Dissecting the Declaration

In this lesson students will explore the Declaration of Independence. They will observe the primary source document and record observations. The students will also interpret the text of the Declaration of Independence.

Lesson Objective

Students will be able to interpret the Declaration of Independence and determine the purpose of the document, by summarizing the colonists’ intent in an exit card.



  1. Tell the students that the colonists were fed up with the King and they wanted to become their own country and not follow the king’s laws. They should write down all the reasons why they should be an independent state.
  2. As a class brainstorm the reasons why the colonists are unhappy with the King. Make a list on chart paper of all the students’ ideas. If students are struggling to come up with ideas, remind them of all the different acts that they previously studied (e.g. Intolerable Acts, Quartering Act, or the Stamp Act)
  3. Pass out the replica of the Declaration of Independence. Have students use the primary source document sheet to record what they observe about the Declaration of Independence.
  4. In small groups students are observing the declaration of Independence and recording their observations. Pass out hand lenses if available for students to use while observing.
  5. Circulate the room while the students are observing and ask questions to get them thinking about the document. Questions could include: Do you recognize any of the names from the signatures at the bottom? When was the document created? Why do you think this document is so important? Do you notice anything different about the text?
  6. After about 10 minutes bring the class back together and have a few students share some things that they observed from the document. Collect the primary source document sheet to use for data collection.
  7. Students are working in small groups for this activity. There should be 10 groups since the text is divided into 10 sections. Pass out the text for the Declaration of Independence and student translation sheet. (the text is the original text on one side and modern day translation on the other)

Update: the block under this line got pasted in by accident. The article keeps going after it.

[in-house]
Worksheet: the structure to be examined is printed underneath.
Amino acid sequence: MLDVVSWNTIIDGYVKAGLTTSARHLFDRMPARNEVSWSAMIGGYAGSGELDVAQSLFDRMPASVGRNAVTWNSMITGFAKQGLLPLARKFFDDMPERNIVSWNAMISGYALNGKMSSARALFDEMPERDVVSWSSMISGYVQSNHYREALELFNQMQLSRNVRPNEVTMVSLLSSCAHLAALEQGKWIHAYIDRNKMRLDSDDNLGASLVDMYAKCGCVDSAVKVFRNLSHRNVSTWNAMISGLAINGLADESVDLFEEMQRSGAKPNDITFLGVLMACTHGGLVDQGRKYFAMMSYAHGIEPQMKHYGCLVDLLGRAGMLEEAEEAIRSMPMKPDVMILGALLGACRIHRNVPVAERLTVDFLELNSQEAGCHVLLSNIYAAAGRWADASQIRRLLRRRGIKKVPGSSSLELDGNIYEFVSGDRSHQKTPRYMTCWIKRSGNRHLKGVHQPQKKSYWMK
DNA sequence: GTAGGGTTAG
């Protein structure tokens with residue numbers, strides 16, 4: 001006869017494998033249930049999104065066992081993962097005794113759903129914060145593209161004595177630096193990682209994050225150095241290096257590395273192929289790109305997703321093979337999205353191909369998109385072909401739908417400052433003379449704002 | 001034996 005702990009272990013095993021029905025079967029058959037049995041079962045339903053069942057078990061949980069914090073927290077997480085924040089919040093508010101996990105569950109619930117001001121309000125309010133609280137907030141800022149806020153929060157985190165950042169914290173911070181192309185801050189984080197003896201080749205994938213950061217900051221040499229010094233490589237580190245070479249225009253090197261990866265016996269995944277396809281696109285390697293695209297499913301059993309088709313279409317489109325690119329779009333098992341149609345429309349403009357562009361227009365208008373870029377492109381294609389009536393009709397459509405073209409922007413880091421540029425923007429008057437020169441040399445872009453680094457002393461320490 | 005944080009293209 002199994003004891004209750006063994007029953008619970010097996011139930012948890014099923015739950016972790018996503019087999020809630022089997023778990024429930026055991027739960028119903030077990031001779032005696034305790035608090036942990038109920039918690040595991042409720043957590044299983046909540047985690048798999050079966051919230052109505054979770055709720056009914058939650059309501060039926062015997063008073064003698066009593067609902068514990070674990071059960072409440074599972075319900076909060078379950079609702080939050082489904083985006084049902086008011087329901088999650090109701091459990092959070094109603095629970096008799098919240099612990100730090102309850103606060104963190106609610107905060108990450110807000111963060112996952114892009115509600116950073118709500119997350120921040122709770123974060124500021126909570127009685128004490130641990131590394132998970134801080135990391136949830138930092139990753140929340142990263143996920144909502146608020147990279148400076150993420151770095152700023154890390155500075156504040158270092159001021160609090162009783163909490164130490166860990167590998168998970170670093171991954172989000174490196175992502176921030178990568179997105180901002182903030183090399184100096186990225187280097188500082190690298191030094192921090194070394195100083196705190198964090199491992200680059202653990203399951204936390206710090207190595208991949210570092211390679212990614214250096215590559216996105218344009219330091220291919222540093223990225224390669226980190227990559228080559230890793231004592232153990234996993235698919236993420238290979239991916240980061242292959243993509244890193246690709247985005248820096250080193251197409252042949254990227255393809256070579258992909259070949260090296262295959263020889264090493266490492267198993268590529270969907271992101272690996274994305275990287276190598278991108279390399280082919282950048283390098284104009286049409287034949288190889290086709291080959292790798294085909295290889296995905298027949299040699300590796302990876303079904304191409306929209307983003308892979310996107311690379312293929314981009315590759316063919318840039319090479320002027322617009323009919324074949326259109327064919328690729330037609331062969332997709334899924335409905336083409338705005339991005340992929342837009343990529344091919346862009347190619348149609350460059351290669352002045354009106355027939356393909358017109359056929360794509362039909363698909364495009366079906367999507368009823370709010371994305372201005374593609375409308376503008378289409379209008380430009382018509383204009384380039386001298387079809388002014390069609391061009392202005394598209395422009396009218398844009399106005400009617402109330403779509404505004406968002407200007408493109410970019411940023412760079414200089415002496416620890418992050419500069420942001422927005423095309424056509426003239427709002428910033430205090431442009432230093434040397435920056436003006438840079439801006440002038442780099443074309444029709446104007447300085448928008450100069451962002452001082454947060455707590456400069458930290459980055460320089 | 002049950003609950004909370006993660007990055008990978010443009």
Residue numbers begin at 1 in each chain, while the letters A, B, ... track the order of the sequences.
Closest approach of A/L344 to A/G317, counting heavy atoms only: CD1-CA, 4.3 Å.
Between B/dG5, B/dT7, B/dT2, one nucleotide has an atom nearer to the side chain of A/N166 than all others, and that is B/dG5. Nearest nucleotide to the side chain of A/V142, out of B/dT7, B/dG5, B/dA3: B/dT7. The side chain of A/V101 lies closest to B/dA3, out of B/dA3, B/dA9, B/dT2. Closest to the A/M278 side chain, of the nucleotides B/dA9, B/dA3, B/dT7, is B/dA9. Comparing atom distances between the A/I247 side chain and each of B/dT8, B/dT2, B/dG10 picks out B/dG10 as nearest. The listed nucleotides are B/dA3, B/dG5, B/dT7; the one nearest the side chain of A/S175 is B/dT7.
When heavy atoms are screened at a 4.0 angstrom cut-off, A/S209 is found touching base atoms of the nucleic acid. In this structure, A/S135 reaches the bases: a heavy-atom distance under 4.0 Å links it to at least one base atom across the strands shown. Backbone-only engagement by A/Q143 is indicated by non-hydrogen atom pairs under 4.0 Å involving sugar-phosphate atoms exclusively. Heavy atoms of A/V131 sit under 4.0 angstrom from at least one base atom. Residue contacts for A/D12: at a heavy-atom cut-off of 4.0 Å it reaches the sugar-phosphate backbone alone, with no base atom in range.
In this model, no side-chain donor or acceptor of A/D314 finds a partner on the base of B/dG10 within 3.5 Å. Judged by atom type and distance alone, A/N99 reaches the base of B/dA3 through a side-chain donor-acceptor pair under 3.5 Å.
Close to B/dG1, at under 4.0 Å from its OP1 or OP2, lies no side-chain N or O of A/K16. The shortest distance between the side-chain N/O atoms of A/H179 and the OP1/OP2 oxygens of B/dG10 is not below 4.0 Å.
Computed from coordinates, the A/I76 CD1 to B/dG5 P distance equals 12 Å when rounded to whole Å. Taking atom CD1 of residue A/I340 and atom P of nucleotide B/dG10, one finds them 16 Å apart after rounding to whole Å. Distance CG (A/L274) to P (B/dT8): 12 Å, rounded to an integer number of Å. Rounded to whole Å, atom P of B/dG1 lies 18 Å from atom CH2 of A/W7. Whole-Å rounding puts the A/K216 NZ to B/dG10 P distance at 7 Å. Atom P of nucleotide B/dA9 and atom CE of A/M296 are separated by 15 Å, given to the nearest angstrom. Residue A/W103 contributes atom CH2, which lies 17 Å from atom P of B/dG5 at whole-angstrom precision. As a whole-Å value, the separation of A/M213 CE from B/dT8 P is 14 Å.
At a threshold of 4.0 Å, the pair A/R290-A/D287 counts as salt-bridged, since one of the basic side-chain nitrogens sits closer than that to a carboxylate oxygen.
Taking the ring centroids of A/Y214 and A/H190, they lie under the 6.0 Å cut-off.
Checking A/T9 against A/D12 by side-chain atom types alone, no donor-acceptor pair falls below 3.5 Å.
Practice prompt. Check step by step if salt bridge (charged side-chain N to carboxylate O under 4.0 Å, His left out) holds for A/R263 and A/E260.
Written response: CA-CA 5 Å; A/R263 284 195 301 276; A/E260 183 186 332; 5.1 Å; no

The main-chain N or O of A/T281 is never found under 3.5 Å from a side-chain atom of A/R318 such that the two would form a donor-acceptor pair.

8. In their small groups students should try to interpret the meaning of their section of the Declaration of Independence. Inform each group that they will be sharing their interpretations with the class.
  9. Closing activity: students should complete the exit card independently and it should be collected for data purposes.
  10. Extensions: Watch the Liberty Kids Episode #13-“ The First Fourth of July” The episode can be watched on the Liberty Kids DVD or on youtube. Pass out the Liberty Kids capture sheet for the students to complete as they watch. Have students create a cartoon image of famous colonist with speech bubbles. In the speech bubbles the students should write the colonists grievances with the King. This can be used as a bulletin board display.


Assessment: All the worksheets can be collected and analyzed for assessment. Students will also be assessed by teacher circulating the room during the activity. In addition the exit card is a good assessment tool.


“Declaration of Independence, July 4, 1776.” Yale Law School: The Avalon Project. http://avalon.law.yale.edu/18th_century/declare.asp (assessed March 15, 2013)

“Declaration of Independence.” The Charters of Freedom.
http://www.archives.gov/exhibits/charters/declaration_zoom_1.html (assessed March 15, 2013)

The First Fourth of July. Liberty’s Kids.